Sunday was the 4th of July, which we celebrated by going on a hike in the Columbia Gorge, where we started out by the Wahkeena Falls, and then hiked up about 900 feet or so to Fairy Falls. We had Maya’s children Chloe and Justin with us, which made it more fun and more slow at the same time. Chloe is almost 6, and Justin is almost 3, and they’re both as sweet as can be, so it was a lot of fun. Also a bit tiring, so we went and crashed out at the hotel for a bit after, then went to Dad and Julie’s for a 4th of July bbq. The part of Portland where they live is on a pretty high hill, and if it weren’t for the trees in the way, we could have seen a lot of fireworks from their window. We saw quite a bit as it was.
Monday we went to the Oregon Museum of Science and Industry with my sister Melissa and her kids, Jack and Sophie. We had a lot of fun checking out the exhibits and trying to solve their brain-puzzlers (my brain was still puzzled when we left). I think I needed an engineer to help. My BIL John was there, but he was in the sandbox with Sophie (almost 4), so he wasn’t able to solve anything for me. After that we had pizza at Dad and Julie’s house, the whole family together, which happens very rarely, and was really nice. Interesting to see Maya, an only child of 14, amongst a group of 2-6 year olds who are pretty good at winding each other up. Nice.
Tuesday we came home, which was mostly uneventful. Maya got my Dad set up on Facebook before we left. Nice to have a 14 year old around for times like that, right? Wednesday, Ted and I went to see Cyrus, which was an interesting independent film starring John C. Reilly, Jonah Hill, and Marisa Tomei. Basically took the issue of dating after divorce, with children, and explored the issue if the child involved is an adult, and one who has not yet managed to leave the nest, as it were. There were a few times when I thought the filmmaker might take it in a disturbing direction (horror movie, or perhaps incest), but it never went there, and was actually a really good, interesting film. If you get a chance to see it, I suggest you might enjoy it.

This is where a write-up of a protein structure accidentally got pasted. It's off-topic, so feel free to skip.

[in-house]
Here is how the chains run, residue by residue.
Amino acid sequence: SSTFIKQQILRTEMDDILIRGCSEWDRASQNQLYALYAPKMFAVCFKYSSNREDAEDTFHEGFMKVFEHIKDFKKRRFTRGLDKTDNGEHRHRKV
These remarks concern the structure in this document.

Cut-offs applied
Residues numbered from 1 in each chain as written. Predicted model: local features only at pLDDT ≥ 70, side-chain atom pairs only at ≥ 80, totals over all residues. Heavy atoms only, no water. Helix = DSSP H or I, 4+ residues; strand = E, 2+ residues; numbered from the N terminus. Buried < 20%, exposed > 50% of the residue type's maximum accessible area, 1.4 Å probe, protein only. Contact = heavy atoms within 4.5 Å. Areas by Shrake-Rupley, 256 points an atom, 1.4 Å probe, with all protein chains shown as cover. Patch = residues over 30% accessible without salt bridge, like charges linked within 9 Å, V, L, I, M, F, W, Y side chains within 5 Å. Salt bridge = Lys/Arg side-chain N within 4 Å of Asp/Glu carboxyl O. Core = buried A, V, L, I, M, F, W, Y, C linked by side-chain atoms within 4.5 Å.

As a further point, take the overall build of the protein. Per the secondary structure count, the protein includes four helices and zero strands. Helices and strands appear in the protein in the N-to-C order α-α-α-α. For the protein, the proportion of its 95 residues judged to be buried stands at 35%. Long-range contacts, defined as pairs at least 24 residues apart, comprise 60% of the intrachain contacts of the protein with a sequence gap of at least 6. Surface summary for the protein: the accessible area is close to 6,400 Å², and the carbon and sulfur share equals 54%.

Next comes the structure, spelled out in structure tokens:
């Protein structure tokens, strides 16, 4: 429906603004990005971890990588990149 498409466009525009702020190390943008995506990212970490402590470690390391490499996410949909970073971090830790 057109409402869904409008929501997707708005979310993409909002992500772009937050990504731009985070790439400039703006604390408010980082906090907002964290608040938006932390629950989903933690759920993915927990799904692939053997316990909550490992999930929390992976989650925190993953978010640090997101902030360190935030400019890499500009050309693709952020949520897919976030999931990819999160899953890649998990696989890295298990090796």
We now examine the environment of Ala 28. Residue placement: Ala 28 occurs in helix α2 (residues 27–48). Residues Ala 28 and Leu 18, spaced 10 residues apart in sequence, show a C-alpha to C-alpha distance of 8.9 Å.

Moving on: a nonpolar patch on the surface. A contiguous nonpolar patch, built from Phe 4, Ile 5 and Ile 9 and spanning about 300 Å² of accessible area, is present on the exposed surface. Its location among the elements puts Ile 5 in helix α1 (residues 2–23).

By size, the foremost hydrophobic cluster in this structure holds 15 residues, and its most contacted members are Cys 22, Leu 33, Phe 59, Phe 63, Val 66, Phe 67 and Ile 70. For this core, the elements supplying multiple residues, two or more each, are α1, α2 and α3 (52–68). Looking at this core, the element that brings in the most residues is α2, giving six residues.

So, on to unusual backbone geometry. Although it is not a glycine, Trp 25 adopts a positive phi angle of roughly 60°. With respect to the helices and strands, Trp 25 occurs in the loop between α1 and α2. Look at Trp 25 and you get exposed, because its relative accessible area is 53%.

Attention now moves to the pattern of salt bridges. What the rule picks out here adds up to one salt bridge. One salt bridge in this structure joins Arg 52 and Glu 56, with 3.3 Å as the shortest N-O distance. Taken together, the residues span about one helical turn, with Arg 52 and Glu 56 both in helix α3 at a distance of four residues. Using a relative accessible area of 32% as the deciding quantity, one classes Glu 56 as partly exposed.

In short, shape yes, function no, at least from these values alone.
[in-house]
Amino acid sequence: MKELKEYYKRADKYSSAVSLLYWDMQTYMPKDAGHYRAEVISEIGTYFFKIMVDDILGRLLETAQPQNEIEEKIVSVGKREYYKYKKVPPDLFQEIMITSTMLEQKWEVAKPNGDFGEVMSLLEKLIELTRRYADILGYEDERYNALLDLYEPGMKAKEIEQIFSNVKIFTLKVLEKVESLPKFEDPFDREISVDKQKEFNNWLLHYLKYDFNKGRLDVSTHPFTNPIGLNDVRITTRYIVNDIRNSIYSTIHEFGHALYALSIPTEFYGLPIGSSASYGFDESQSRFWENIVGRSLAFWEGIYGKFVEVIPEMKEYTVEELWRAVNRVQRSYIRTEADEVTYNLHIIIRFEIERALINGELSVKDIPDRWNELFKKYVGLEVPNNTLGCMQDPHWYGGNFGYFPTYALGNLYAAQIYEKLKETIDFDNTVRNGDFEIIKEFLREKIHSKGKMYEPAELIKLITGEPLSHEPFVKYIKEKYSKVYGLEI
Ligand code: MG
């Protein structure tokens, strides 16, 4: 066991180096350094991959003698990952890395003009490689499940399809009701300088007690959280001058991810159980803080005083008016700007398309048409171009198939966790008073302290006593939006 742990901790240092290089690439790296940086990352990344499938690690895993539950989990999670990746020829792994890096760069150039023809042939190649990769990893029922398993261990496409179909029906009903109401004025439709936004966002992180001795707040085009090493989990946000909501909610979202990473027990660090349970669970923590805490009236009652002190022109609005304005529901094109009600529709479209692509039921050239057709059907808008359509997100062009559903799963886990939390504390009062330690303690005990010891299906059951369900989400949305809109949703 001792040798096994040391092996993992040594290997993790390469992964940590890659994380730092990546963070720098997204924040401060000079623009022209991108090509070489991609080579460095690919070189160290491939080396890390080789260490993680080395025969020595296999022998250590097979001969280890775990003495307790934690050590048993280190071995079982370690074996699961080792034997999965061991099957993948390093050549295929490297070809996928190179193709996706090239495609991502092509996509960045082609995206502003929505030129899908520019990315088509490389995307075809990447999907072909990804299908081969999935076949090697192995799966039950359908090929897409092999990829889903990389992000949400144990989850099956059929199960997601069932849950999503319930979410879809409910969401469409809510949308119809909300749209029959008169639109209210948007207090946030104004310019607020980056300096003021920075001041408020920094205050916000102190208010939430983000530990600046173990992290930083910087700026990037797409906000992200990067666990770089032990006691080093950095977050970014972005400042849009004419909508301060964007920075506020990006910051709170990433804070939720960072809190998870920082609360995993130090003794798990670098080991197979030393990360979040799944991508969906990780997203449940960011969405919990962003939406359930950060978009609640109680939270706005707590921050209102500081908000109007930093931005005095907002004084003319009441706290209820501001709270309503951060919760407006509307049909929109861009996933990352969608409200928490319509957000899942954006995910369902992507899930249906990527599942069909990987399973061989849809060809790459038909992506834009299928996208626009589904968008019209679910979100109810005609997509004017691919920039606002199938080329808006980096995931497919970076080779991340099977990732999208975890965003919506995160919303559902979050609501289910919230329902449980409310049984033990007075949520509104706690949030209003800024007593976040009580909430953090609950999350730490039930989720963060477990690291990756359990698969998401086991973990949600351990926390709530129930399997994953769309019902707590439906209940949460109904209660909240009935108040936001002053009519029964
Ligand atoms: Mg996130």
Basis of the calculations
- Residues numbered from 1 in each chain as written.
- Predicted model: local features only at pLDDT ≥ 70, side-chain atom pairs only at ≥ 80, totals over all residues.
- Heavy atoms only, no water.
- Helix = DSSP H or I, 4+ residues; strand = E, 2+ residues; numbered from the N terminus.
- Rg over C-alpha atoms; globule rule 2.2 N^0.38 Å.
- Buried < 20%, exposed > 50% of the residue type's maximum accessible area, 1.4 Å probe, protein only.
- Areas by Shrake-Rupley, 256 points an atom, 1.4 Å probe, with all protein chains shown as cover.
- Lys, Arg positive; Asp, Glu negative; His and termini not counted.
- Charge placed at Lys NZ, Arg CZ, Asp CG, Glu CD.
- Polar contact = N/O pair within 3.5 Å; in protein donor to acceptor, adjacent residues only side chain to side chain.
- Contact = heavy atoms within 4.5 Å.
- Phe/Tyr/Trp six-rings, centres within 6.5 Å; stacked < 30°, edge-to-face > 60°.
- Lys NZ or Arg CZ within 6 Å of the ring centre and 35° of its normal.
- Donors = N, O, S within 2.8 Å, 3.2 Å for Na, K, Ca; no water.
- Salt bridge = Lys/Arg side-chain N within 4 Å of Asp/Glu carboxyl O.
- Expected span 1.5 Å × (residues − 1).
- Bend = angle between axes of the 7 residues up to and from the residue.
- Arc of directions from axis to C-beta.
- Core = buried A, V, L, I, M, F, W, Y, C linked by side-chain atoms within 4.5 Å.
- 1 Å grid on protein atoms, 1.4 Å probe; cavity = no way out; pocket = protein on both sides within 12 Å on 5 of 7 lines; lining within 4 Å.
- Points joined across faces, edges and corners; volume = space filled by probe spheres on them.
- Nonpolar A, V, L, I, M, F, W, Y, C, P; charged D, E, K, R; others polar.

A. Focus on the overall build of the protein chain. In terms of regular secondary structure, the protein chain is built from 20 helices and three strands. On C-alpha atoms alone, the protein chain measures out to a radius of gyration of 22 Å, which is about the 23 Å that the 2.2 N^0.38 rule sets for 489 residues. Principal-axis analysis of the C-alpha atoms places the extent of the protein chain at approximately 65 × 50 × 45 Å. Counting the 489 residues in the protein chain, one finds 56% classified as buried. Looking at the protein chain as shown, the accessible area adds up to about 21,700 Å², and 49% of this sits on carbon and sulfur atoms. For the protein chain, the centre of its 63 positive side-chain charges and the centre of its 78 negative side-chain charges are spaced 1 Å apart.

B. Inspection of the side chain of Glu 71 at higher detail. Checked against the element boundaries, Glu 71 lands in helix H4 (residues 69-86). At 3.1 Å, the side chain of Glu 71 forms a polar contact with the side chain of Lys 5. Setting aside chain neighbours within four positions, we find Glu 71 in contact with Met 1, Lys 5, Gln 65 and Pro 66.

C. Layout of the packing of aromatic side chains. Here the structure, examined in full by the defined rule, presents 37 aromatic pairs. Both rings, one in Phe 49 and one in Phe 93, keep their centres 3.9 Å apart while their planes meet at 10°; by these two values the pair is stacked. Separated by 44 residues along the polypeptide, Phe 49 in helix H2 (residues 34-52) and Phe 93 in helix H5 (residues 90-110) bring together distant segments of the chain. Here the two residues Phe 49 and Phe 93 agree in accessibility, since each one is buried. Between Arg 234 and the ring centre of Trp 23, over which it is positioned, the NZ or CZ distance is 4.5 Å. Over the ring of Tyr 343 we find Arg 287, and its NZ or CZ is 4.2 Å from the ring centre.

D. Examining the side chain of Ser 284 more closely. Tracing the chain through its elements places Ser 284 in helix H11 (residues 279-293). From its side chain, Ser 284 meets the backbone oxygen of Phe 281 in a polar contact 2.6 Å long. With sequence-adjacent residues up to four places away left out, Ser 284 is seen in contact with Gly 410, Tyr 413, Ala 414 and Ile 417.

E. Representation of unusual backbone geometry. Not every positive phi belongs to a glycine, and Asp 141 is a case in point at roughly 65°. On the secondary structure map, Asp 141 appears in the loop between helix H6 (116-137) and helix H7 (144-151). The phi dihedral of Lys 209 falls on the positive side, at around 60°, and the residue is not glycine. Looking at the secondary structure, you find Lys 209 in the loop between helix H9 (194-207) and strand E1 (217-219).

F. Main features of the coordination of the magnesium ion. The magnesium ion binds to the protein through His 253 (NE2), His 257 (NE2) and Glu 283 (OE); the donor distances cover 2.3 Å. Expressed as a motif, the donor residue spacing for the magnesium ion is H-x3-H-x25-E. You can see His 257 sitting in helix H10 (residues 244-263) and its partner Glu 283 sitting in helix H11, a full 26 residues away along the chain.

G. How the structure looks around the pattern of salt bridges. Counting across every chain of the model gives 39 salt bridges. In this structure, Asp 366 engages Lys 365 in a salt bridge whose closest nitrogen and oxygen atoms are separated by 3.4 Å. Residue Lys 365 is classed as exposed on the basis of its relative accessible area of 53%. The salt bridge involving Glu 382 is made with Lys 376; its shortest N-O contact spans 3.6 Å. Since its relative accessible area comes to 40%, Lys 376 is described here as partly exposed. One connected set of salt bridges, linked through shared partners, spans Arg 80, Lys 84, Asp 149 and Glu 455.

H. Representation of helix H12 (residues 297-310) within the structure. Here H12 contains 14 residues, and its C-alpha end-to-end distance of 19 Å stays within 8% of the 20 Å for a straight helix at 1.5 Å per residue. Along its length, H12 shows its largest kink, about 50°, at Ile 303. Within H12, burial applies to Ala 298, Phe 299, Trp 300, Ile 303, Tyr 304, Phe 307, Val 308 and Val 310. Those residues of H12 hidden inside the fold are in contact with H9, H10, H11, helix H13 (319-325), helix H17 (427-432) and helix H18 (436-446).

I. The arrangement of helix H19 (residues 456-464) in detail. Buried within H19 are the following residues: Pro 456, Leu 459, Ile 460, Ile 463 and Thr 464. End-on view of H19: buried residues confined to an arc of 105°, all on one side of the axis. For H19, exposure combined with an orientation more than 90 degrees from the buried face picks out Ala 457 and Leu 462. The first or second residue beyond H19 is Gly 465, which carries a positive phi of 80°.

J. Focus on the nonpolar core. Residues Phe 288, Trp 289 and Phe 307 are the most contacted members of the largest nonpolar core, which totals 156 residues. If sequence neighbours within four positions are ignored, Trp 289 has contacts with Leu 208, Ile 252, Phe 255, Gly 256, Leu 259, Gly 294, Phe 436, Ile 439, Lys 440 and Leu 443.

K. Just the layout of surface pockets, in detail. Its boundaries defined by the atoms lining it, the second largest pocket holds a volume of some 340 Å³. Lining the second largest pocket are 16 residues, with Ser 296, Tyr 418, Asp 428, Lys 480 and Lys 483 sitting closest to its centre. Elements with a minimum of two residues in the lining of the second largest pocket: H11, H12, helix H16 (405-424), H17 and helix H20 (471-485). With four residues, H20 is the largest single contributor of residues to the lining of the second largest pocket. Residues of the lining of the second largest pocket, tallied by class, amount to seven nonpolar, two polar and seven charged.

Thursday was spa day, with Ted and I both cashing in gift certificates for massages at two different spas. Really nice and relaxing. Today we’re going to Capitola, where I haven’t been since I was maybe 5 or 6. I’m not sure what there is to do there, but it’s a beach-side community, and it should be a relaxing way to wind down our vacation.
In case you’re interested, here are two delicious recipes. One, my step-mom’s delicious homemade salad dressing. Really easy, really good. I’ll admit that most recipes for homemade dressing just taste like oil to me, so this one is a wonderful change. I went out and bought a good seasons carafe so I can make it at home, though certainly that’s not required.
Julie’s Salad Dressing
1/8 cup olive oil
1/8 cup golden balsamic vinegar (I couldn’t find this, but I did find white balsamic vinegar)
1/8 cup orange juice
a drizzle of honey
a small clove garlic, minced
salt and pepper, to taste
Shake ingredients together, use immediately. Yum.
Second is the recipe for roast chicken that I made for dinner on Wednesday, which is from my Julia and Jacques cookbook. I didn’t have savory, but thyme worked just as well. Juicy and delicious. I didn’t take a picture. I wish I had, because it was lovely. Looked around online, and couldn’t find the right one. It’s good, though. Really good. Really good with the salad and dressing, and some yummy steamed carrots.
Jacques’s Savory-Stuffed Roast Chicken
For the stuffing
1 Tbs unsalted butter
1 tsp virgin olive oil
l/2 cup minced shallots (4 or more large
4 Tbs chopped fresh parsley
1 Tbs finely chopped fresh savory
1/8 tsp salt
1/8 tsp freshly ground pepper
1 chicken, 31/2 to 4 pounds
¼ tsp salt for sprinkling on the chicken
Butter or vegetable oil for the roasting pan
For the deglazing sauce
1 Tbs minced shallot
1/3 cup dry vermouth or dry white wine
2/3 cup chicken stock